Our talent development course is about understanding what can make people successful, what can make leaders effective, and what can make organizations great.
These are critical leadership issues for everyone today, because the rules have changed: being good is no longer good enough. Every individual, every team, and every organization must become better, because the difference between acceptable and exceptional is definitive.
This course zeroes in on the beliefs and practices that current research verifies are indisputably effective for achieving exceptional results.
The RDR Difference
Everyone at some stage ends up attending a talent development or leadership course, but Achieving Exceptional Results is based on proven competencies rather than inspirational platitudes. It’s also not restricted to “leaders,” because getting faster, smarter, and stronger requires that everyone in the organization take ownership to create commitment and accountability.
Contrasting Models of Achievement
Few organizations tap into the full range of capabilities residing in both their leaders and individual contributors. Even fewer know how to expand those capabilities for everyone. The false notion that only a select group can be exceptional is at the heart of their failure to accomplish “more with less,” and as a result many organizations limit their own success.
The Selection Theory is a dead end. The myth about achieving exceptional results is that organizations need to be in the business of selecting gifted people, and that when those people don’t live up to expectations, the explanation is: “Something must be wrong with the selection process.” The resulting strategy: “Can’t someone please hire better people?”
This approach has dominated the landscape for ages, but the data regarding high achievement points us in another direction.
The Expansion Theory is a limitless cycle. The truth about achieving exceptional results is that those willing to try can expand their capabilities through a process of consistent development. This model focuses on helping everyone get better, and the resulting strategy is, “What else can I do to lead myself, and others, to greater and greater levels of achievement?”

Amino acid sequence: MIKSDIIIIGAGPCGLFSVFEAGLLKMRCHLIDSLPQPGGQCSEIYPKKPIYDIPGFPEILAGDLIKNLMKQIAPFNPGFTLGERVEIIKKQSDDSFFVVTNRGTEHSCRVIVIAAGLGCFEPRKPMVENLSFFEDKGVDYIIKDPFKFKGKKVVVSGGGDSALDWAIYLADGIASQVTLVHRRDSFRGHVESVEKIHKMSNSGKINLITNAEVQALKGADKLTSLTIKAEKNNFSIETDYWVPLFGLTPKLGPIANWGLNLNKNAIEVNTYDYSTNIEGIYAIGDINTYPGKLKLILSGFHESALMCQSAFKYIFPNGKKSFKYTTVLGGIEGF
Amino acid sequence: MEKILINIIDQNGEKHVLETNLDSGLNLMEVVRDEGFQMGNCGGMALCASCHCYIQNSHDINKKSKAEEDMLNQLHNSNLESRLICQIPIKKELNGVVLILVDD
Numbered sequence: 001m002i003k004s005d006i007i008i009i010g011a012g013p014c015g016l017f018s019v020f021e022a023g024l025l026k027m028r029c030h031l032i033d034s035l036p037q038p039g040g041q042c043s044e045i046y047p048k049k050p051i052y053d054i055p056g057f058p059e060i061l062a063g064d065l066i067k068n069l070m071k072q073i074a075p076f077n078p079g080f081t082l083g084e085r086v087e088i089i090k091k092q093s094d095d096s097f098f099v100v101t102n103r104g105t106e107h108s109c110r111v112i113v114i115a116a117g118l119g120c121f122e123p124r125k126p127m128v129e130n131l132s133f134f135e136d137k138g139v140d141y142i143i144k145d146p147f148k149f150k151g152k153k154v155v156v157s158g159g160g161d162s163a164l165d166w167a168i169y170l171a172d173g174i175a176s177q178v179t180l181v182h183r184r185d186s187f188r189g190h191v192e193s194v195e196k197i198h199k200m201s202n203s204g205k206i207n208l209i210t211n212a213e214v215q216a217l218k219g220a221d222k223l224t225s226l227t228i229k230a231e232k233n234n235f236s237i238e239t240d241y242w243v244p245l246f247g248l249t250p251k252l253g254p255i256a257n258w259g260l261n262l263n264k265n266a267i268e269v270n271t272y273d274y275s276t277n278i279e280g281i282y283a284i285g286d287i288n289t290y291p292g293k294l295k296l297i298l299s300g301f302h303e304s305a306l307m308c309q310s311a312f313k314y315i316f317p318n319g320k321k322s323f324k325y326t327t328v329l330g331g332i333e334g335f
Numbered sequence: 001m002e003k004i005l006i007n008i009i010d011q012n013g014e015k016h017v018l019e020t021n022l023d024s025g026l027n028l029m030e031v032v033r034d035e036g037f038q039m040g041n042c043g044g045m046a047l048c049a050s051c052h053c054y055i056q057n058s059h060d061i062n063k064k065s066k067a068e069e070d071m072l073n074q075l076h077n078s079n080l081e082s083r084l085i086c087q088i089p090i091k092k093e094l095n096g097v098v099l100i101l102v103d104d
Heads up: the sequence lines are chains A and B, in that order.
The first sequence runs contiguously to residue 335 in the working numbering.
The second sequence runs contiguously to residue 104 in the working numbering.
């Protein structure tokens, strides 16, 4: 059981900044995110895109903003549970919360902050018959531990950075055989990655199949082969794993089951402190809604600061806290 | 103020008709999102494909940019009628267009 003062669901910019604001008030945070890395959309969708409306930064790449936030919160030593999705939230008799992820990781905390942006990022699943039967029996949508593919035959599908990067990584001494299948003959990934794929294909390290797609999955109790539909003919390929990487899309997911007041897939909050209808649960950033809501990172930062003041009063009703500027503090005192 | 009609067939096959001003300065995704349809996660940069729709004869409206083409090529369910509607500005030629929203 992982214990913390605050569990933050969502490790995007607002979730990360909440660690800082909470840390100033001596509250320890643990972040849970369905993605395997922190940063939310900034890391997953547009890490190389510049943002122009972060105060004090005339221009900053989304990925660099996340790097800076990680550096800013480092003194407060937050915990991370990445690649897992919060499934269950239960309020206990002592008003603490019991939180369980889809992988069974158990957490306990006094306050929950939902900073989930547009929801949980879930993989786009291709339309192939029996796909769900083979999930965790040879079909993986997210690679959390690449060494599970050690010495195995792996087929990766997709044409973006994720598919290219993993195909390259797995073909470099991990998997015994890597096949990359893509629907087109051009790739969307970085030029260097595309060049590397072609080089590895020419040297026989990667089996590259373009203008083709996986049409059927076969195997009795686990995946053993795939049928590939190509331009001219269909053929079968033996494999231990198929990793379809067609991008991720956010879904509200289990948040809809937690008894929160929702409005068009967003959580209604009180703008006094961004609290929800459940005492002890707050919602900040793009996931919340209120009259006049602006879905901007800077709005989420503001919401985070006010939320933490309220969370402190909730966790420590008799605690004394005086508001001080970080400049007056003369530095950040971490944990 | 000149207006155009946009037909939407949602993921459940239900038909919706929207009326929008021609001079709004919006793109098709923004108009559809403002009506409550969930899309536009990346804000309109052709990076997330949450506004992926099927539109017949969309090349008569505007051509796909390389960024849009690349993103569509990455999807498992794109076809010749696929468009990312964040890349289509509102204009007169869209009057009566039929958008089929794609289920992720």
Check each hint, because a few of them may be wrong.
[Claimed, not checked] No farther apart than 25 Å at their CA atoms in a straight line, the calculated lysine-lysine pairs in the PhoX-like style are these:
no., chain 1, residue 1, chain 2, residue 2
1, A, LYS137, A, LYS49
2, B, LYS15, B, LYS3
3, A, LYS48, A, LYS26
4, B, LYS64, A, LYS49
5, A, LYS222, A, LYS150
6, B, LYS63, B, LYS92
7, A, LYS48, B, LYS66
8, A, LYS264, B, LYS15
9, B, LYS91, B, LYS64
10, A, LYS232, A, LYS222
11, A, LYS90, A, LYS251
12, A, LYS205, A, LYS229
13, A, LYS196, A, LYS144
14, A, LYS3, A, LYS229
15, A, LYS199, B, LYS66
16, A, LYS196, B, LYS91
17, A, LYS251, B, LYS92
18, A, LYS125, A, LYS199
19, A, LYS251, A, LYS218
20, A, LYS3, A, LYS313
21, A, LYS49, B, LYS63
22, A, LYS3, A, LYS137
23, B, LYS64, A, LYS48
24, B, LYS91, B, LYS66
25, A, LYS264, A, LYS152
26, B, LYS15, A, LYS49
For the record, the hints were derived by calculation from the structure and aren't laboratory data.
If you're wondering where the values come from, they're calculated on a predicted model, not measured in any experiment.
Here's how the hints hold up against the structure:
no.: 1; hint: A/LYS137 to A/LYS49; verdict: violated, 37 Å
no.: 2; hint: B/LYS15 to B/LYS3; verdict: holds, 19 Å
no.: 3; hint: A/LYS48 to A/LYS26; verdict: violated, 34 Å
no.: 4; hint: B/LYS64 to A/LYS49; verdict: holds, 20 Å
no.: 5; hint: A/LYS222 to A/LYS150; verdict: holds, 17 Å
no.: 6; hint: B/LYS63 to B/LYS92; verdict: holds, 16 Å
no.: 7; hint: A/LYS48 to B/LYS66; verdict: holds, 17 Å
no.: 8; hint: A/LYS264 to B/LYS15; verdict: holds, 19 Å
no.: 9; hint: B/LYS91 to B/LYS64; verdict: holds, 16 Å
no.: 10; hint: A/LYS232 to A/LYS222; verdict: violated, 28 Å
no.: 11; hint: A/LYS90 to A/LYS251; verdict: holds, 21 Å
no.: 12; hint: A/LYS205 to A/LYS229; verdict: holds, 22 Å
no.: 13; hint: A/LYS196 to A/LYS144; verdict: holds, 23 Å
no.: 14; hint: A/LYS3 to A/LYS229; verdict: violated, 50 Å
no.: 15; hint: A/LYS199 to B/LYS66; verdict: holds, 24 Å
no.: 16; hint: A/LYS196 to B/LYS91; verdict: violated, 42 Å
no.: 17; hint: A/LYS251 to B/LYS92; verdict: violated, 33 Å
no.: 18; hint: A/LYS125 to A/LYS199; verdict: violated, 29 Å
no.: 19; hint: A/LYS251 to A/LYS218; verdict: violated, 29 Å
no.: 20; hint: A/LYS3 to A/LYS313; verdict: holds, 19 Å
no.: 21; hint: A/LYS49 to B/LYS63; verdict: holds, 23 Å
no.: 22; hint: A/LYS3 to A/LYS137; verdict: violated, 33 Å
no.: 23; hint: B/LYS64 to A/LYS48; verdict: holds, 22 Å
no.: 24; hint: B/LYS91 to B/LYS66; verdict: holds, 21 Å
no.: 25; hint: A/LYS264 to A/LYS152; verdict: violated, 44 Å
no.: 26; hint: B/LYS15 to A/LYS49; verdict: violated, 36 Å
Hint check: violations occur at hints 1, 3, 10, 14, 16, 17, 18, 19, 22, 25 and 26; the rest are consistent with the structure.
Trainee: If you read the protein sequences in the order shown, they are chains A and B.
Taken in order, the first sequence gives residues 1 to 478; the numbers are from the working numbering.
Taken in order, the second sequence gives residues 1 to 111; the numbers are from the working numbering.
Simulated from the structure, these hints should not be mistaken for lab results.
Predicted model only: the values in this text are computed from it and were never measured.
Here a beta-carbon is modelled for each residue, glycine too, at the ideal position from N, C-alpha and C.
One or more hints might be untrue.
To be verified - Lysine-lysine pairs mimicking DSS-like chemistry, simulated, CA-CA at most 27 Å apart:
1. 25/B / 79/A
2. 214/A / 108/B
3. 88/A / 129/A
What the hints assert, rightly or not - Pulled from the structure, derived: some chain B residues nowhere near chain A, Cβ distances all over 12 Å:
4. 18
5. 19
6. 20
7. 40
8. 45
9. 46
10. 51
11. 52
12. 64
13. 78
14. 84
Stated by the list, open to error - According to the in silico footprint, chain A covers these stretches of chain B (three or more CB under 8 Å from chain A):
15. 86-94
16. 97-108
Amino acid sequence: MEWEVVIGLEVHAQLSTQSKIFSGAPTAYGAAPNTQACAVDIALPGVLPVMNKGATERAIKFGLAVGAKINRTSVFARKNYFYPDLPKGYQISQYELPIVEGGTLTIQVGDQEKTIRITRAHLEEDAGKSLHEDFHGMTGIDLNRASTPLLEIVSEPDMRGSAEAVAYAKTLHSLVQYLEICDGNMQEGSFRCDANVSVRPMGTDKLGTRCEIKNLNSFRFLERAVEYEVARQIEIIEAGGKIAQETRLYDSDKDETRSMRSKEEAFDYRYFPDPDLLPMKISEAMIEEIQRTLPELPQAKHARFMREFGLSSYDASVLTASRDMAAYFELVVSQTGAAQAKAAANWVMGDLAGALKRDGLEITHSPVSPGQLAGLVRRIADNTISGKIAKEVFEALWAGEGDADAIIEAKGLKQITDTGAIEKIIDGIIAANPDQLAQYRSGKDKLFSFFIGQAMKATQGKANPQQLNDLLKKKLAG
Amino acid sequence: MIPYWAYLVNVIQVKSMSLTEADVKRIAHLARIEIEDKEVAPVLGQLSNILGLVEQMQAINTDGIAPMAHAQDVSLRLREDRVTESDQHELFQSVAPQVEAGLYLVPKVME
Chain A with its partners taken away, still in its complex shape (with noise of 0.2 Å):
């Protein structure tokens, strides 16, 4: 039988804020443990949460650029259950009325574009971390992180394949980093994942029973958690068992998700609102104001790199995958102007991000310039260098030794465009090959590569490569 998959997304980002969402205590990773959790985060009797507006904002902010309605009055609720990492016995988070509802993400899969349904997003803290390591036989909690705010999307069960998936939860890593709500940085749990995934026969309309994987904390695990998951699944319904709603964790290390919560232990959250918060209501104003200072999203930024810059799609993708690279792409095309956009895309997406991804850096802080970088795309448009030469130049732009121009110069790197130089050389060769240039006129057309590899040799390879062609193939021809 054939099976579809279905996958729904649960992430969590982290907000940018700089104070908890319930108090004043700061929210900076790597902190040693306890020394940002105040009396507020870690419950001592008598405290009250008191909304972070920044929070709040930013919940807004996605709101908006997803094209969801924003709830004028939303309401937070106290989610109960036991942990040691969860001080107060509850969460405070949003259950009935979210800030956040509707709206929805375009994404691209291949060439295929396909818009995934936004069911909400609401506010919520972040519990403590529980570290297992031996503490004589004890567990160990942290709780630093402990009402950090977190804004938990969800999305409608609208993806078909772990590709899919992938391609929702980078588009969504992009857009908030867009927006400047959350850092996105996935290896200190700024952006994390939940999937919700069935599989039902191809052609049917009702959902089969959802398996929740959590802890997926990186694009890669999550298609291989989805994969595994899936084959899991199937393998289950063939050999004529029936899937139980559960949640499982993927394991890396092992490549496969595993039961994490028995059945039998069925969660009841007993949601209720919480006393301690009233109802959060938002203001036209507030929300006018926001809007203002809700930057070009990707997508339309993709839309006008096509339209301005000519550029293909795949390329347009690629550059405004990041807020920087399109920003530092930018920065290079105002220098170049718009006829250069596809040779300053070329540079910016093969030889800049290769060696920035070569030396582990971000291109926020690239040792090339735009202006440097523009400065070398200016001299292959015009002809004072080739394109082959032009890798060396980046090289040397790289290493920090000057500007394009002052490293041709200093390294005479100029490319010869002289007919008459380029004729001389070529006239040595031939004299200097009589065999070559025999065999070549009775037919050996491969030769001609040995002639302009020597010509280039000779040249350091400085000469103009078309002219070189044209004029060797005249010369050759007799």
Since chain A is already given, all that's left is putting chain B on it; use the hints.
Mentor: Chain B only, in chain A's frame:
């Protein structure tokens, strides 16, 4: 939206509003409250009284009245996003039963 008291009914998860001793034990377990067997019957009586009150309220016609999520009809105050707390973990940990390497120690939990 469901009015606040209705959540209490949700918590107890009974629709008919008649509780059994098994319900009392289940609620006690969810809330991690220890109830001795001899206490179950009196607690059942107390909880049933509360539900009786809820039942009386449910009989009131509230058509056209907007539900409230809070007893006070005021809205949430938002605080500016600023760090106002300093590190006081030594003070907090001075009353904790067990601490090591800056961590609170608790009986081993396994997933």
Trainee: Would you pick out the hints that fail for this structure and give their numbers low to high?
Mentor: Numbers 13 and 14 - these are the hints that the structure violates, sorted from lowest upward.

This approach can revolutionize your workforce.
The difference between the myth and the truth is radical. The Selection Theory generates frustration and the under-utilization of the organization’s most critical resource (its people!), while the Expansion Theory generates significantly better outcomes, a sense of purpose, and personal responsibility. Ironically, the theory that is the least productive is also the most common–which gives companies who get this right a competitive advantage.
- Motivation–participants examine what motivates human beings, what people tend to believe about themselves and others, and how to make proper attributions for success.
- Diligence–this involves a discussion of what deliberate practice looks like, how to structure assignments for development, and how to use feedback for growth.
This requires being aware of what you are good at while acknowledging what you still have to learn. Competencies for this achievement area include, but are not limited to*:
- Self-Assessment–a personal examination of competency levels plus a look at personal style and how it impacts the ability to achieve exceptional results
- Tenacity–harnessing the ability to remain focused and resolute in the face of obstacles and even turn obstacles into opportunities
*Clients can add Integrity, Maturity, Vision-Casting, or any number of desired competencies based on your organization’s unique needs and context.
This requires knowing how to interact, motivate, and assist fellow team members. People who want to achieve at the highest levels have to be serious about helping others achieve as well–especially those in formally defined leadership positions (with an understanding that leadership is not restricted by position or title). Competencies for this achievement area include, but are not limited to*:
- Coaching and Motivating Others–understanding and appreciating differences in styles, needs, and responses to leadership.
*Clients can add Connecting, Communicating, Vision-casting, or any number of identified competencies based on your organization’s unique needs.
This requires that everyone within the organization understands the importance of their contribution to the overall mission. At the end of the day, all individual and team-based improvement must benefit the larger organization or it is missing the target. Competencies for this achievement area include, but are not limited to*:
- Business Acumen–organizational success and, indeed, survival, is dependent on strategic knowledge that transcends individuals and departments.
*Clients can add Service Excellence, Systems Thinking, or any number of identified competencies based on your organization’s unique needs.